Helen St. James: I live here now. I have a job.

Don Birnam: Doing what?

Helen St. James: Time Magazine.

Don Birnam: Oh, Time Magazine. Perhaps you can do something for me?

Helen St. James: Yes?

Don Birnam: Could you help me become Man-of-the-Year?

Don Birnam: Would you like a taxi?

Helen St. James: No, thanks. I'm taking the subway.

Don Birnam: Oh, very sensible.

Helen St. James: As a matter of fact, I'm going to an extremely crazy party on Washington - Square.

Mr. St. James: Oh, that wasn't enough, not for New York. They gave me a shampoo, scalp massage, and a manicure. I thought they were going to tear off my shoes and paint my toenails.

Don Birnam: Helen's heard the facts. That's all there is to it.

Helen St. James: Yes, I've heard them and they're not too pleasant. But, they could be worse. After all, you're not an embezzler or a murderer. You drink too much! And that's not fatal.

Helen St. James: There must be a reason why you drink, Don? The right doctor could find it.

Don Birnam: Look, I'm way ahead of the right doctor. I know the reason. The reason is me - what I am. Or, rather, what I'm not. What I wanted to become and didn't.

Helen St. James: What is it you want to be so much that you're not?

Don Birnam: A writer! Silly, isn't it.

Don Birnam: Another drink, another binge, another bender, another spree!

Don Birnam: I've never done anything! I'm not doing anything! I never will do anything! Zero! Zero! Zero!

Don Birnam: She knows she's clutching a razor blade; but, she won't let go!

Gloria: Save your saliva! I've had enough of you.

Gloria: Don't be ridic'! Get out of here! Make with those stairs. Go on!

Gloria: You do like me a little, don't ya, honey?

Don Birnam: Why, natsch' Gloria, natsch'.

Don Birnam: Why'd they put me in the alcoholic ward?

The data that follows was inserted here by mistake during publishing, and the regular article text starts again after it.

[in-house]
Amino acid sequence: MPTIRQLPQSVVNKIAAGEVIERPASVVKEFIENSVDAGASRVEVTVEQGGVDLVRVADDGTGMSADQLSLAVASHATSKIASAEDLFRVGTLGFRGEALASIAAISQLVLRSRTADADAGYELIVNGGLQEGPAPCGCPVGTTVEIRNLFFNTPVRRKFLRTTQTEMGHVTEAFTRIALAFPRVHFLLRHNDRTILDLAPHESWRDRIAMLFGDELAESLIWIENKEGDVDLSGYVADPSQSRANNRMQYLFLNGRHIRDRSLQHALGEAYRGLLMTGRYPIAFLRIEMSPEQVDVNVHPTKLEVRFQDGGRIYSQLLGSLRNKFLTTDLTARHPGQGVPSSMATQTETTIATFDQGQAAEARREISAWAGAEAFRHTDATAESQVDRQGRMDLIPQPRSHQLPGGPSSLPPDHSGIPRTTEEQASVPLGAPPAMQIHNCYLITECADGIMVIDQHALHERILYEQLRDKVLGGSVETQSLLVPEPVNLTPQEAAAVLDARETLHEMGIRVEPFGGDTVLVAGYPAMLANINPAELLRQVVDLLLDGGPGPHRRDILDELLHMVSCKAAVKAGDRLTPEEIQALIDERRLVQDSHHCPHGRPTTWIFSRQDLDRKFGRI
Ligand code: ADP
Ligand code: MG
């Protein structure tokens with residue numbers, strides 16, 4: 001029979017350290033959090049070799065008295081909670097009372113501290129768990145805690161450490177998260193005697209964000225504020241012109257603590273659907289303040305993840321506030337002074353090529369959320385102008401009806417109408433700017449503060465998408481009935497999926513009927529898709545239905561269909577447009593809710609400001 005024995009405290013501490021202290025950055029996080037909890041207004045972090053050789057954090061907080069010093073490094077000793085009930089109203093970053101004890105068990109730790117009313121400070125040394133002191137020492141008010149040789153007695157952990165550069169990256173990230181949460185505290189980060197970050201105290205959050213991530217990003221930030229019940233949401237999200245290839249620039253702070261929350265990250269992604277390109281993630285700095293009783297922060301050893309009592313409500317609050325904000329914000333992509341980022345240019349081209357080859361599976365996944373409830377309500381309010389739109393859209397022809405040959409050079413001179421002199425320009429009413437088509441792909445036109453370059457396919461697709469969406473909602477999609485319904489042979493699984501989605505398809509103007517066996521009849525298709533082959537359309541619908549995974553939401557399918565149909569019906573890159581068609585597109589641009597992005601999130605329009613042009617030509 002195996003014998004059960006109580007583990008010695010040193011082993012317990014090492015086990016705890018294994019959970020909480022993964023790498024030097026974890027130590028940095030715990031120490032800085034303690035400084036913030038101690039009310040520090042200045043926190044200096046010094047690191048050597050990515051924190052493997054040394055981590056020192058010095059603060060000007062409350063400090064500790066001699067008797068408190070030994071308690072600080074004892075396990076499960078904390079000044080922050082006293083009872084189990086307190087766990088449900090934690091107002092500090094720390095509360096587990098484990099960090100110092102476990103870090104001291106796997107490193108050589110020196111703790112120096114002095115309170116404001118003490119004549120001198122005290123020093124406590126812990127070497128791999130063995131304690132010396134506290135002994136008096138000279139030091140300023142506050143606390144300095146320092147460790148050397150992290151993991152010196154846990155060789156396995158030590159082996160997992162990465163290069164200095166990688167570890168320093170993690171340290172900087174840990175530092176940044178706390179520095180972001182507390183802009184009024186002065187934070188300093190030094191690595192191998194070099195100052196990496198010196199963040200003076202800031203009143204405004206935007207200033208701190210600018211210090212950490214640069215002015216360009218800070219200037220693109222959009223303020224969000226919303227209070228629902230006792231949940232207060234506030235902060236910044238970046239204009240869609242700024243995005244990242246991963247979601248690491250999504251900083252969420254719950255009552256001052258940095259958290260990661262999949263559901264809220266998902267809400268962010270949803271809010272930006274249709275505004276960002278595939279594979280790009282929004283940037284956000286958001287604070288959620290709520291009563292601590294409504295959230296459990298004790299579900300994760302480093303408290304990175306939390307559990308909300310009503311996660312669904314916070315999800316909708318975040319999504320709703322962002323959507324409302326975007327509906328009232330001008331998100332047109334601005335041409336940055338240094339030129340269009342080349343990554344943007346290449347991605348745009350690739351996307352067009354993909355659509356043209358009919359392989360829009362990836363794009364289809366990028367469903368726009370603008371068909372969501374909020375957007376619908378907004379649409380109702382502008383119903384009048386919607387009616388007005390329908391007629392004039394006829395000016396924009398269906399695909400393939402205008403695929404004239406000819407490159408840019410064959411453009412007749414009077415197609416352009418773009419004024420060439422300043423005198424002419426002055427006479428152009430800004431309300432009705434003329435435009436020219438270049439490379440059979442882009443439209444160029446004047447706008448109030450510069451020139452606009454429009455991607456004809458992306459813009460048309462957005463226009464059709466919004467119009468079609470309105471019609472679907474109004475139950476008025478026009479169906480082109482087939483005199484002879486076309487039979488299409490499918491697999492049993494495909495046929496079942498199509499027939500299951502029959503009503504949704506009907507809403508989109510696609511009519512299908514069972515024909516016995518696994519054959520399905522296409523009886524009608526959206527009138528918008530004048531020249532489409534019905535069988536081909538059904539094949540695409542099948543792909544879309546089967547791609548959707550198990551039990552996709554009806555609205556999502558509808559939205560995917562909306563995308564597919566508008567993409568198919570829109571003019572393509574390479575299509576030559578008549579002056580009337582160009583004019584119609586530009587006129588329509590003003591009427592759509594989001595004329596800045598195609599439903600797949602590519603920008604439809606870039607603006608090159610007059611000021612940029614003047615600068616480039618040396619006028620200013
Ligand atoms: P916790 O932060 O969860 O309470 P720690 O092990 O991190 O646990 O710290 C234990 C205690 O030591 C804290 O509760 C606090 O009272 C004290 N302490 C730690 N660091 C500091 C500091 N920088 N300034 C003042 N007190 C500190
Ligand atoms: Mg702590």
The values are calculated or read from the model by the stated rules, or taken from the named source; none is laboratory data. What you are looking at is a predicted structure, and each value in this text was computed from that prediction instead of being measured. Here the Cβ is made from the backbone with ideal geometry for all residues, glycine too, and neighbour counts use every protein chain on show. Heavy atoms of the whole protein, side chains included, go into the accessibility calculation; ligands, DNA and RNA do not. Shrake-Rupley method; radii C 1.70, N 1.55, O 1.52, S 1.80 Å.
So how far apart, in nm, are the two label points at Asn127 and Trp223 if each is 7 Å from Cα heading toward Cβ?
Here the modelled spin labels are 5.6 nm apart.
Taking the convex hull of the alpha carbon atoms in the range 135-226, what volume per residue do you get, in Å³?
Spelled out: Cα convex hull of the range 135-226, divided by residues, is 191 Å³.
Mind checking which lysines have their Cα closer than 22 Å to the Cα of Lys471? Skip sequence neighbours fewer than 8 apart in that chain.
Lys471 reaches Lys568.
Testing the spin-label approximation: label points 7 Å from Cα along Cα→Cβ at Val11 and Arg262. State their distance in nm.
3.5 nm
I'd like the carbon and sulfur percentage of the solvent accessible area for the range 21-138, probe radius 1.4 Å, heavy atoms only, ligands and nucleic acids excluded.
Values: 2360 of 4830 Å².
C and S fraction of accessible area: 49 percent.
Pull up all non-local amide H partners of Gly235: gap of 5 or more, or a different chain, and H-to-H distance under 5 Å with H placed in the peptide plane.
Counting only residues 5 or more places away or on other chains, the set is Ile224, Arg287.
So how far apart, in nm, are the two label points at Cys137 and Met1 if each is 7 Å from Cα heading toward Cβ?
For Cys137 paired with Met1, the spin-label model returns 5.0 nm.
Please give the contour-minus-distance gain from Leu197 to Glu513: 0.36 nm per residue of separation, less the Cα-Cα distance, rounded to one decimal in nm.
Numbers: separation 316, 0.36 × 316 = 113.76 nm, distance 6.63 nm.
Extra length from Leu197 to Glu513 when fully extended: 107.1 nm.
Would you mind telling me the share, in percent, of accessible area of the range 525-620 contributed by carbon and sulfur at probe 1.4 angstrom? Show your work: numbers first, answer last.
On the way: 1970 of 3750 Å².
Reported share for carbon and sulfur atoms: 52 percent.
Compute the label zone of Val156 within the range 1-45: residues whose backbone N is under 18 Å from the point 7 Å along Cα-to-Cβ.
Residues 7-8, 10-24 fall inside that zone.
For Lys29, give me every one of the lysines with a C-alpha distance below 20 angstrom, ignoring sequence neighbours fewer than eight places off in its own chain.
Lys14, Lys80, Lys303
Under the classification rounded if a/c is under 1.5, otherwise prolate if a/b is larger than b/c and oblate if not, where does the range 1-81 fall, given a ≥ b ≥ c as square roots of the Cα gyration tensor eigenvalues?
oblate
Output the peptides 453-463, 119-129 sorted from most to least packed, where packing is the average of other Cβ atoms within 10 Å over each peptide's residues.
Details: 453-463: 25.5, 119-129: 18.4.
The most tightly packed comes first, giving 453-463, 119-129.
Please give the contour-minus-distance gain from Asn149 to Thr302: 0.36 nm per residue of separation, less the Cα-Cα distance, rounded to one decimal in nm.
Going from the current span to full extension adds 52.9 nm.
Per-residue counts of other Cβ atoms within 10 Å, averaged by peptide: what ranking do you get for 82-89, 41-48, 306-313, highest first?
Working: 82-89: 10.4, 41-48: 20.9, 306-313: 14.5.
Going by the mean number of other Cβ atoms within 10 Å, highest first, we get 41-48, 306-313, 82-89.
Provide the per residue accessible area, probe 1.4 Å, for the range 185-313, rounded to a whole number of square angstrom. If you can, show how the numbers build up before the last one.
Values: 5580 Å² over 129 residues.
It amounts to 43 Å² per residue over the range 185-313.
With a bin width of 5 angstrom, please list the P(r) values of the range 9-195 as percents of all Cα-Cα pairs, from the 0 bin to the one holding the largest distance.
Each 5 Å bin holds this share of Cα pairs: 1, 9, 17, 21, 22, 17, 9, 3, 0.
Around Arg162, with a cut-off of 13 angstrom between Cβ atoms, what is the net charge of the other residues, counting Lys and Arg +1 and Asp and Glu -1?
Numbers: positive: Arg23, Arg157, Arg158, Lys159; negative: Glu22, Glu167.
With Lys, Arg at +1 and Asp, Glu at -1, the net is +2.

'Bim' Nolan, Male Nurse: Are you kiddin'? We had a peak of your blood. Straight apple jack. 96 proof.

'Bim' Nolan, Male Nurse: Are these yours? You and the colored fella were being undressed at the same time. They fell out of somebody's pants.

'Bim' Nolan, Male Nurse: Where do you live?

Don Birnam: 209 East Fif- What do you need that for?

'Bim' Nolan, Male Nurse: For the postcard.

Don Birnam: What postcard?

'Bim' Nolan, Male Nurse: To your folks. So they'll know where honey boy is and can pick him up when he's feeling better.

'Bim' Nolan, Male Nurse: Listen, I pick an alky with one eye shut. You're an alky. You'll come back. They all do. Him, for instance. Shows up every month. Just like the gas bill.

'Bim' Nolan, Male Nurse: Prohibition - that's what started most of these guys off. Whoopie. Now, be a good boy and drink this.

Don Birnam: I don't want it.

'Bim' Nolan, Male Nurse: Better take it. Liable to be a little floor show later on, around here. It might get on your nerves.

Don Birnam: Floor show?

'Bim' Nolan, Male Nurse: Ever hear of the DTs?

Don Birnam: No!

'Bim' Nolan, Male Nurse: You will, brother.

Don Birnam: Not me!

'Bim' Nolan, Male Nurse: Like to make a little bet? After all, you're just a Freshman. Wait till you're a Sophomore. That's when you start seeing the little animals. You know that stuff about pink elephants? That's the bunk. It's little animals. Little tiny turkeys in straw hats. Midget monkeys coming through the key holes. See that guy over there? With him, its beetles. Come the night, he sees beetles crawling all over him. Has to be dark though.

Mrs. Deveridge: He's off on another toot! And you know I'm darned right.

Helen St. James: Give me the pawn ticket.

Don Birnam: Look, I don't want you to go in there and claim it now. It would look queer.

Helen St. James: I'd rather have you drunk than dead.

Don Birnam: It's too late. I wouldn't know how to start!

Helen St. James: The only way to start is to stop!

Don Birnam: [Last lines] Out there in that great big concrete jungle, I wonder how many others there are like me? Poor bedeviled guys on fire with thirst. Such comical figures, to the rest of the world, as they stagger blindly towards another binge, another bender, another spree.